In Kautilya’s scheme of things the King is central. Therefore, it is crucial that the King is naturally capable of retaining power, which is why Kautilya goes to outline the attributes of the ideal King. He says:
Born in a high family, endowed with good fortune, intelligence and spirit, given to seeing elders, pious, truthful in speech, not breaking his promise, grateful, liberal, of energy, not dilatory, with weak neighbouring princes, resolute, not having a mean council (of ministers), desirous of training, – these are the qualities of one easily approachable. [ The Kautilya Arthashastra (1972); R.P. Kangle (trnl.), Part 2, p. 314]
Kautilya believes that the one who is highborn and is endowed with good fortune would not be greedy, and would, therefore, be a dependable reservoir of State power. Also, Kautilya insists on ‘high family’ possibly because he is looking for someone who carries an inherent value system. Those who are born in prosperous families are naturally more inclined to preserve and promote order than those who are born in poor families because they tend to see the ‘good’ in the preservation of order rather than in radical reordering. They might find problems with the prevailing order and may also want to change a few things, but they would still have faith in the foundational value system and its self-corrective mechanism.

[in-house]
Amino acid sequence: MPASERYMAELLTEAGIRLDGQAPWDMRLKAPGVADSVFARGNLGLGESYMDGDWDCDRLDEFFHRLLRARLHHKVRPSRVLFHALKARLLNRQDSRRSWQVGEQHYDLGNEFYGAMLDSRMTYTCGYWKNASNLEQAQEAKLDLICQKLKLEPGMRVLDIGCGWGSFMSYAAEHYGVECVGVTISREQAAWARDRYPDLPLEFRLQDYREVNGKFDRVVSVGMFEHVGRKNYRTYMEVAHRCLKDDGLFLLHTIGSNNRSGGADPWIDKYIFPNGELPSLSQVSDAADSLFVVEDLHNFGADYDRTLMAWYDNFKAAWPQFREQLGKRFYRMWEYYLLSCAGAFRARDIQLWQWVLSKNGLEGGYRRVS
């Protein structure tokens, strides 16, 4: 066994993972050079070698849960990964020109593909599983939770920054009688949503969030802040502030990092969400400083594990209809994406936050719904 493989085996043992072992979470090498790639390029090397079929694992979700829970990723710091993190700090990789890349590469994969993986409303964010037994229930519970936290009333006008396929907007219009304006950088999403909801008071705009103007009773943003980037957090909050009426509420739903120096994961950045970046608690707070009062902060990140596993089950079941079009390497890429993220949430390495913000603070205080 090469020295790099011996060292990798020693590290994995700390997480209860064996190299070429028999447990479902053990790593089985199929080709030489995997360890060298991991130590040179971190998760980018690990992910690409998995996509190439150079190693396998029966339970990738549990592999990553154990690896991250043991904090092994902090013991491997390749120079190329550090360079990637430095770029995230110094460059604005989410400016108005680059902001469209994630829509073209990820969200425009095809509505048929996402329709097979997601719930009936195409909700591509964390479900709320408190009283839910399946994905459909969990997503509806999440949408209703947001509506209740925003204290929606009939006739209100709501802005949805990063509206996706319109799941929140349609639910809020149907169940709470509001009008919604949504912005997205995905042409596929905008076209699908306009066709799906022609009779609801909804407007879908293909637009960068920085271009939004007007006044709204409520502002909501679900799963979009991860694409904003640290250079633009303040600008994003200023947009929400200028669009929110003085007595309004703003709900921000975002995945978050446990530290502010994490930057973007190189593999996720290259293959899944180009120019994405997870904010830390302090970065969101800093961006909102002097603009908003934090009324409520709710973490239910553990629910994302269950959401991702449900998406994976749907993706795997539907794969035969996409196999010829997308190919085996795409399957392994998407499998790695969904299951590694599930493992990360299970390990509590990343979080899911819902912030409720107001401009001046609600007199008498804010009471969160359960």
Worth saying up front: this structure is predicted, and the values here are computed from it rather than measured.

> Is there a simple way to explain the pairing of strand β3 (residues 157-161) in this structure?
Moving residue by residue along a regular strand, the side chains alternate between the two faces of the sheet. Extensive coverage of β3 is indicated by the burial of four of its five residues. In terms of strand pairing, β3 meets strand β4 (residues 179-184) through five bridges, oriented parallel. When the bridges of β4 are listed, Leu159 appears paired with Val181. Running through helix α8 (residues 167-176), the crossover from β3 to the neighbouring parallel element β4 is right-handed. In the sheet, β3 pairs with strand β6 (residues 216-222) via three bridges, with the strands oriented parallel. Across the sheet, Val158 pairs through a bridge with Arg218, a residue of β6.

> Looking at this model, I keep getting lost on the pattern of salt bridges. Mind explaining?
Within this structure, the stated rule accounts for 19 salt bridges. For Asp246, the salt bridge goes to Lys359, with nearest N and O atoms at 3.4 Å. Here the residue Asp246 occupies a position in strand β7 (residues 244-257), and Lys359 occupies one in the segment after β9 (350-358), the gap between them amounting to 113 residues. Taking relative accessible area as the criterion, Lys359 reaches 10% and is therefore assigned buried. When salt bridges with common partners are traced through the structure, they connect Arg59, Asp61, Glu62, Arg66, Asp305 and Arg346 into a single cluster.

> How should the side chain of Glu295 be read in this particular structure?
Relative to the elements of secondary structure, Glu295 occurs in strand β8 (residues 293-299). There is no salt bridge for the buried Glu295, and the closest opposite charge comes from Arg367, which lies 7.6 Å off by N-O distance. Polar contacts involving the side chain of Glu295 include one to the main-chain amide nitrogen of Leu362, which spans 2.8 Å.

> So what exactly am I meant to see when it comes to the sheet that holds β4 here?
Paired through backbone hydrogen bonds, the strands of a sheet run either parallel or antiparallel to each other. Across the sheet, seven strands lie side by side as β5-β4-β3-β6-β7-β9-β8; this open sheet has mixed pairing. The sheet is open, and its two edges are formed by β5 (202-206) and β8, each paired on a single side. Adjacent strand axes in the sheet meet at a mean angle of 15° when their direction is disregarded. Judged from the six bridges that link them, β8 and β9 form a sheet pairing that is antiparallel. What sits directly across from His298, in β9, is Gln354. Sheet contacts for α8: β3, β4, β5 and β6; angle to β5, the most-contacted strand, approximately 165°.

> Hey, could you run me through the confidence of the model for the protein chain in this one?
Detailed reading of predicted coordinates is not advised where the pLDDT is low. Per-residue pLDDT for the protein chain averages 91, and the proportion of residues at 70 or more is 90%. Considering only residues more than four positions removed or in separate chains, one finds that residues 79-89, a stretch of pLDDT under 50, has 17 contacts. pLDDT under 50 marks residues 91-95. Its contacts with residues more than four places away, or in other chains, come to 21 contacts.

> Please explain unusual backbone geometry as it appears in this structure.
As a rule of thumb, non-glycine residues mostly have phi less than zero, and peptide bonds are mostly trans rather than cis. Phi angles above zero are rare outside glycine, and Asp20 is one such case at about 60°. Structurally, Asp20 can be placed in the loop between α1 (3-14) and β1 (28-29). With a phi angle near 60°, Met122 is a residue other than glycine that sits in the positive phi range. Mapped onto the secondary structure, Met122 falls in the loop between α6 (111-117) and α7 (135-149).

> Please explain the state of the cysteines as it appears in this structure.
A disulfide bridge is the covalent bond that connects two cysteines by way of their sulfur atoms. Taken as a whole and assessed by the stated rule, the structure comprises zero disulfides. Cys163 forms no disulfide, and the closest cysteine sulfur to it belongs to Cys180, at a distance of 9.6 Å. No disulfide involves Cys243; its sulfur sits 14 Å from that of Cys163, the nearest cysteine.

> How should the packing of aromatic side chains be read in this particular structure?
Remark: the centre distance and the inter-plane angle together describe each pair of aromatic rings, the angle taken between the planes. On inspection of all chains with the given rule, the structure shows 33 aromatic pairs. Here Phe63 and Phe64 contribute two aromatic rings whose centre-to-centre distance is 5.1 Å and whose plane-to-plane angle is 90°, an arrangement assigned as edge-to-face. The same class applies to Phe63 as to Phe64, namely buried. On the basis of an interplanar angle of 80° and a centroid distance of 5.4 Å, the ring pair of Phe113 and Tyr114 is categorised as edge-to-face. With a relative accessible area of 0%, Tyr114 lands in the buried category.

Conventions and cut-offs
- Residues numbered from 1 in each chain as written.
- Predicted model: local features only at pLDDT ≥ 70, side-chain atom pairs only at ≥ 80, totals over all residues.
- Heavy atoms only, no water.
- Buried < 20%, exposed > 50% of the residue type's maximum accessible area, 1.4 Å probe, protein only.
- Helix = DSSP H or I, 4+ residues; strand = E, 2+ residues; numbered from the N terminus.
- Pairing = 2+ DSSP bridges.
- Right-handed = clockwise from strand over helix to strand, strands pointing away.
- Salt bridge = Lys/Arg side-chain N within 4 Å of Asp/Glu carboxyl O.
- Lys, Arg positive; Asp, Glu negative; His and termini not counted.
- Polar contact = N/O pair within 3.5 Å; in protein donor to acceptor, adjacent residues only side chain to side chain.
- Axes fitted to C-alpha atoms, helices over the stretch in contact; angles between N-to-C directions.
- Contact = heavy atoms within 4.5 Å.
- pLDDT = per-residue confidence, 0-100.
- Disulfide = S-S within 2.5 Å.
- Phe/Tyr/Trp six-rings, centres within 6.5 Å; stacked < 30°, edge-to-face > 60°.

It is important to note here that Kautilya’s King, despite being supreme, is not the lawgiver. The law is already laid down, which he has to enforce. He is capable of making laws as and when the need arises, but those laws have to conform to the legal philosophy of the times. The Supreme Law remains static and the fundamental principles have to be adhered to. Therefore, someone who has a strong desire to thoroughly re-do the existent legal and social setup is not a fit candidate for being the King, which is another reason why Kautilya wants someone who does not have a personal reason to be discontent with the social, political and legal structures and institutions in place.
Kautilya’s King must be liked and respected by the masses because that goes a long way in making a kingdom strong and difficult to annex even in the times of weakness and calamity. This position is clear when Kautilya advices his King regarding the most suitable enemy king to march against and conquer. He says:
The subjects help the kind who is justly behaved but suffering from aserious calamity, when he is attacked; remain indifferent to one unjustly behaved, suffering from a light calamity; but is disaffected, exterminate even a strong king.
Therefore, he should march only against one with disaffected subjects. [ The Kautilya Arthashastra (1972); R.P. Kangle (trnl.), Part 2, p. 334]
Naturally, Kautilya would not want his King to be a ruler disliked and despised by the masses.
The one who has the qualities enumerated by Kautilya would quite certainly be a widely appreciated person, whom people would have a natural regard for. This makes him an ideal candidate for being a King.
A good man is worthy of respect and that’s one of the Kautilya’s requirements for his King, but that is not all. His King must be of sound intellectual disposition so as to be able to take well-reasoned decisions. With respect to King’s intellect Kautilya speaks thus:
Desire to learn, listening, learning, retention, thorough understanding, reflecting, rejecting (false views) and intentness on truth, – these are the qualities of intellect. [ The Kautilya Arthashastra (1972); R.P. Kangle (trnl.), Part 2, p. 314]